Are you a patient, family member or caregiver, researcher, policy maker, or graduate student interested in getting involved in patient-oriented research? Visit SCPOR’s web site to learn more.

Drug Utilization, Safety, and Effectiveness

Prescription drugs are a vital and necessary part of the health care system. However, they can also pose risks to patients if the safety and effectiveness of medications are not fully understood. It’s important to continue to study these medications after they are approved and used in the real world, outside of controlled research settings. As part of our mandate to evaluate and monitor prescription drug utilization, safety, and effectiveness, HQC participates in provincial and national partnerships: the Saskatchewan Drug Utilization and Outcomes Research Team (SDUORT), and the Canadian Network for Observational Drug Effect Studies (CNODES).

Saskatchewan Drug Utilization and Outcomes Research Team (SDUORT)

The Saskatchewan Drug Utilization and Outcomes Research Team, known as SDUORT, is a collaboration between HQC and the College of Pharmacy and Nutrition at the University of Saskatchewan. It was set up to evaluate and monitor prescription drug policy and drug-prescribing practices in Saskatchewan. SDUORT’s work is funded by the Ministry of Health’s Drug Plan and Extended Benefits Branch.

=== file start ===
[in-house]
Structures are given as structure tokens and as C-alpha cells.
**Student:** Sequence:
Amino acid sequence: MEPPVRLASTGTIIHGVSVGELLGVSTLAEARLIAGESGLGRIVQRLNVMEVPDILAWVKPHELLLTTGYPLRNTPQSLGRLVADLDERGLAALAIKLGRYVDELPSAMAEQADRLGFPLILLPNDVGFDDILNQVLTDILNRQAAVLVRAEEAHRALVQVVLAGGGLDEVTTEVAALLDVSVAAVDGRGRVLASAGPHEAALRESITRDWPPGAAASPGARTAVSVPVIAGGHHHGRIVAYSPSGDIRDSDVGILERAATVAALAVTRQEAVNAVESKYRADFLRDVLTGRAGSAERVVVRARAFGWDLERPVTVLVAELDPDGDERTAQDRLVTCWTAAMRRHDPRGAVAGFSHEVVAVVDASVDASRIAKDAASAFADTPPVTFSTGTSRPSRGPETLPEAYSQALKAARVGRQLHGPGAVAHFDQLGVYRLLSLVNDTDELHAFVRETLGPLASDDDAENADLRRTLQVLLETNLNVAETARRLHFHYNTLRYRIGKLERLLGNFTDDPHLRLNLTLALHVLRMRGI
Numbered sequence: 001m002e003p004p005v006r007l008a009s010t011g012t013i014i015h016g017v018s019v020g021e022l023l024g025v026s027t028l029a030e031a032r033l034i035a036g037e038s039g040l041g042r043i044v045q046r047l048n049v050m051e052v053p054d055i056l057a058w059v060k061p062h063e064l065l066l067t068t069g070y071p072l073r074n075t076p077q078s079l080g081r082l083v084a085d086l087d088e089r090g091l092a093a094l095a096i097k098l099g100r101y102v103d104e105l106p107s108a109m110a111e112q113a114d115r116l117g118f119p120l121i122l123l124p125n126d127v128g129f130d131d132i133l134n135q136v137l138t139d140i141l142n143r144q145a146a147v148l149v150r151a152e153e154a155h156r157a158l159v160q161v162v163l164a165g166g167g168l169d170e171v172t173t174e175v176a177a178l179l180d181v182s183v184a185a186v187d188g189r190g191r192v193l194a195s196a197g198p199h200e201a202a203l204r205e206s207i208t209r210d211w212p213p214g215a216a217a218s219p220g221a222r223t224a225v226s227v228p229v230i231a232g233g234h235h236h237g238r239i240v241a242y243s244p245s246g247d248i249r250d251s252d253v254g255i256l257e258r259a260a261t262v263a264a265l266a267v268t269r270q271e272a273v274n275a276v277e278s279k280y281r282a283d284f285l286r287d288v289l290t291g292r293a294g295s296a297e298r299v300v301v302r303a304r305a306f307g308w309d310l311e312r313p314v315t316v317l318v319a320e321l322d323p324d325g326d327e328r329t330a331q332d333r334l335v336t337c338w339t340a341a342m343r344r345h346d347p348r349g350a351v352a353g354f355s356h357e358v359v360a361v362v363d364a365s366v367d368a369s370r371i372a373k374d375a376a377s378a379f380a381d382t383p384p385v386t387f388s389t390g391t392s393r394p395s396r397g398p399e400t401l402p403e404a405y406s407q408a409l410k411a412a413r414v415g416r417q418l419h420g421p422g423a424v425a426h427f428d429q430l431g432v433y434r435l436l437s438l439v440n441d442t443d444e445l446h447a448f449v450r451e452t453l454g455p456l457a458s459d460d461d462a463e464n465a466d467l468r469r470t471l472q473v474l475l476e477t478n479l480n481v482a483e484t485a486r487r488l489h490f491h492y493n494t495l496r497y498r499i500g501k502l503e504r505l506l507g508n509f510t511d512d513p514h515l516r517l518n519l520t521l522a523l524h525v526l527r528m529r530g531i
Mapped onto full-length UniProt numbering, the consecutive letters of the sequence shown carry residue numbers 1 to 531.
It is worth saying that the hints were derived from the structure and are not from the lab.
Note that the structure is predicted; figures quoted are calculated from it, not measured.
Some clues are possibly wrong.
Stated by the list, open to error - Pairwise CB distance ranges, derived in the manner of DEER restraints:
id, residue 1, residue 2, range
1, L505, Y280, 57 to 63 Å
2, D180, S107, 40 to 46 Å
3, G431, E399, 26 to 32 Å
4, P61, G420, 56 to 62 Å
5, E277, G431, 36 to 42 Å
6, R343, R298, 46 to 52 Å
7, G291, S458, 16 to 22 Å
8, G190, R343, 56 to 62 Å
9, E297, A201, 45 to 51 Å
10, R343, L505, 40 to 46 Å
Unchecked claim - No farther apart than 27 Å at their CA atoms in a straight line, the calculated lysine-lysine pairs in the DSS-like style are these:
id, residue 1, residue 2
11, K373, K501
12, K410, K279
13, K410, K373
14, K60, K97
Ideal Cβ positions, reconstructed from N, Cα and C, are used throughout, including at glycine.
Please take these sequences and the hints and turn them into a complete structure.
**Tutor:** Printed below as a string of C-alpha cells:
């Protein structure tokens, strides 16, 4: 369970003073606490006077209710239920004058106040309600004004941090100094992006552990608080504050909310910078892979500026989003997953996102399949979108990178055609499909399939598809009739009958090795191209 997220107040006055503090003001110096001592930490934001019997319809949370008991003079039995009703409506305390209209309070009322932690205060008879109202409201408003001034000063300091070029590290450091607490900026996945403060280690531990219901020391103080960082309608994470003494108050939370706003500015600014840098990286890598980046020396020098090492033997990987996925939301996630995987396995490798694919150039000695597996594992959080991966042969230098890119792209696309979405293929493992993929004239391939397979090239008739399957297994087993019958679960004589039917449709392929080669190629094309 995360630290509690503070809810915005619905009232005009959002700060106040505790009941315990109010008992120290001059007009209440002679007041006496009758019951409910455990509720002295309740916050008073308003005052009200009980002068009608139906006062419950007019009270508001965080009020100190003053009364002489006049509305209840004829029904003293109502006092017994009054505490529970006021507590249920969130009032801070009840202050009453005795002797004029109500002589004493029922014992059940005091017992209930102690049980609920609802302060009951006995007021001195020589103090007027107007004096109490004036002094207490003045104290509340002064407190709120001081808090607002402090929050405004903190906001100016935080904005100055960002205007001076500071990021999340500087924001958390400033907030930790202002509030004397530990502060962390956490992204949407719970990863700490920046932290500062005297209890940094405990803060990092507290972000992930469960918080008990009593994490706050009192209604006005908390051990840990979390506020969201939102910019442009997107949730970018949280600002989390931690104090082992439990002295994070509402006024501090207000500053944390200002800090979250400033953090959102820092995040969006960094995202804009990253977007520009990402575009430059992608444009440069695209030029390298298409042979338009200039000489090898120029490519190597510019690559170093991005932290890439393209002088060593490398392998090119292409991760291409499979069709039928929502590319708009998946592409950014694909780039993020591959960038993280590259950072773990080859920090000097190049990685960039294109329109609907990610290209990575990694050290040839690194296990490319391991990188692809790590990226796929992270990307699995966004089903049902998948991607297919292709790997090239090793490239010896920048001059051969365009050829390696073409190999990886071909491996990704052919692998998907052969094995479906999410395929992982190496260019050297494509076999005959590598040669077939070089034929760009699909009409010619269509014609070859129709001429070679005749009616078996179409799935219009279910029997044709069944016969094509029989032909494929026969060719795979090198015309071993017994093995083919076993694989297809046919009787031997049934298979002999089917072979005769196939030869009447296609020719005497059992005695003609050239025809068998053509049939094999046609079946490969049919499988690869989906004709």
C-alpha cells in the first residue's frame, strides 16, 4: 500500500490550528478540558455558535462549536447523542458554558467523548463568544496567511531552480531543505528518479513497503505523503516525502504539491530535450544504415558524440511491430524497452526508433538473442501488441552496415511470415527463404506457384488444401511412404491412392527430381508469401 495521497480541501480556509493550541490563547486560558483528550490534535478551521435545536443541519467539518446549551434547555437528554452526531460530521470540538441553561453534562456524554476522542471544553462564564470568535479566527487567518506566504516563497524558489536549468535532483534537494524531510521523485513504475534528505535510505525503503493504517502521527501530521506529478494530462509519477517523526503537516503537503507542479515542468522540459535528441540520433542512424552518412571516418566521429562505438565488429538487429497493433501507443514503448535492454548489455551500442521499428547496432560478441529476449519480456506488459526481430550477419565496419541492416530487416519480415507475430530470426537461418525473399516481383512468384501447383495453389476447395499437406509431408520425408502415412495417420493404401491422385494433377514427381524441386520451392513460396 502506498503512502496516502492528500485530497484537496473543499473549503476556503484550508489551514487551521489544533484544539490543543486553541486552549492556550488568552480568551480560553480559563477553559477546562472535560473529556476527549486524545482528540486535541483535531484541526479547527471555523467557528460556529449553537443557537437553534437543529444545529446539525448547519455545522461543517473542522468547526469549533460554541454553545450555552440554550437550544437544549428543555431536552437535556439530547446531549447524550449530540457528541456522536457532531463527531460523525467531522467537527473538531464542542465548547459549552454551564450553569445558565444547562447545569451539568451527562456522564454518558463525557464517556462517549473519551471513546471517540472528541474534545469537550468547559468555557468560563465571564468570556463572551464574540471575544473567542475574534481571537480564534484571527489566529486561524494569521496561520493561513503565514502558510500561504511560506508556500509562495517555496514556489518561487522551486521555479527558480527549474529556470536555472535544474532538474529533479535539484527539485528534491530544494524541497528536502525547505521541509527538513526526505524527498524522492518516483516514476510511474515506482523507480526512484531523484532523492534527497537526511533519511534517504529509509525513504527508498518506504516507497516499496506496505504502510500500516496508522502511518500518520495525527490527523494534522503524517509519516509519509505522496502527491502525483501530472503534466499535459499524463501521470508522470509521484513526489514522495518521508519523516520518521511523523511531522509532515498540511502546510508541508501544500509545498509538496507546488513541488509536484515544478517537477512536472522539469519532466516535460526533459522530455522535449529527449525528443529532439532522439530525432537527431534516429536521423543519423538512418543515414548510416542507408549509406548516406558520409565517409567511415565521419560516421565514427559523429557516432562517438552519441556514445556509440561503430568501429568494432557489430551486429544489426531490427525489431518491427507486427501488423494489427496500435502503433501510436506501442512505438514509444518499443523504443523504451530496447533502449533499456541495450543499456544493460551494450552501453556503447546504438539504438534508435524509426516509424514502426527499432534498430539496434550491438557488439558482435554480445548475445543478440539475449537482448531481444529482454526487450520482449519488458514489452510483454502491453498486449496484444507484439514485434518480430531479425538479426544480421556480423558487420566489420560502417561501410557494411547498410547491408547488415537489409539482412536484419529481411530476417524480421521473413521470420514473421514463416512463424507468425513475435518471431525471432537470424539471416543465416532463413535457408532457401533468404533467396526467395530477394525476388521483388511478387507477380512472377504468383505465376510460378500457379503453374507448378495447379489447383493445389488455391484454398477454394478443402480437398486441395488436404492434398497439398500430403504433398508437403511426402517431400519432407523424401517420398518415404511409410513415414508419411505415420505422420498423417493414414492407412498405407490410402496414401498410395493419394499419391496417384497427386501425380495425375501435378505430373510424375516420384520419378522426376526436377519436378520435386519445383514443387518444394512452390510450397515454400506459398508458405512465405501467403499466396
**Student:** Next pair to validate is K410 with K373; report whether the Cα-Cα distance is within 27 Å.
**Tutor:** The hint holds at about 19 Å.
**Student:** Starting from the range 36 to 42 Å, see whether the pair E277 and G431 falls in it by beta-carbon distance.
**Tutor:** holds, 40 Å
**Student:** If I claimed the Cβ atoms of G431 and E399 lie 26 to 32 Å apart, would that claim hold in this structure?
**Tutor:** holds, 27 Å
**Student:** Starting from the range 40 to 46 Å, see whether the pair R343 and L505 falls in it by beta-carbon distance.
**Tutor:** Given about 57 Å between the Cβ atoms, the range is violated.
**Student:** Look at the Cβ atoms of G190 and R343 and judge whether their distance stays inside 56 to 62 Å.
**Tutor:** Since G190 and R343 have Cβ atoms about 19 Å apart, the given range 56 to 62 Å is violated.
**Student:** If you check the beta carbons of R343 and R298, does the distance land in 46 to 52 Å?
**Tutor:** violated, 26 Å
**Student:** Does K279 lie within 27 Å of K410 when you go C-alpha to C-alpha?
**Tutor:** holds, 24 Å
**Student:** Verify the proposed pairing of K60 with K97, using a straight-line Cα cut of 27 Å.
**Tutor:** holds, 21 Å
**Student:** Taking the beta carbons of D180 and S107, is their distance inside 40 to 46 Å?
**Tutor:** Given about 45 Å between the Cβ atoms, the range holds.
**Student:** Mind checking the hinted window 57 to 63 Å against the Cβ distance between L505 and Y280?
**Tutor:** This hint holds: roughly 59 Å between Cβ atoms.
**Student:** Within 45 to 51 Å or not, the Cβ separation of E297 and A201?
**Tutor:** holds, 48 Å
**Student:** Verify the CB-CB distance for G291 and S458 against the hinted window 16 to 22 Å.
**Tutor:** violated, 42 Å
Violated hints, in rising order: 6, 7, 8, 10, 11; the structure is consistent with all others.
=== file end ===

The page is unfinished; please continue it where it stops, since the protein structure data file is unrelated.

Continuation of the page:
This team’s research is having a positive impact on our health care system. A study they published in 2014 found that a drug called ezetimibe, which should be designated as a secondary medication for lowering cholesterol, was commonly prescribed as a first-line therapy in Saskatchewan – and that its overall use and cost were increasing every year. In response to these findings, the government changed its reimbursement policy for the drug. As of July 1, 2013, it is now listed under the Drug Plan’s Exception Drug Status Program, meaning it is only covered for patients meeting specific criteria.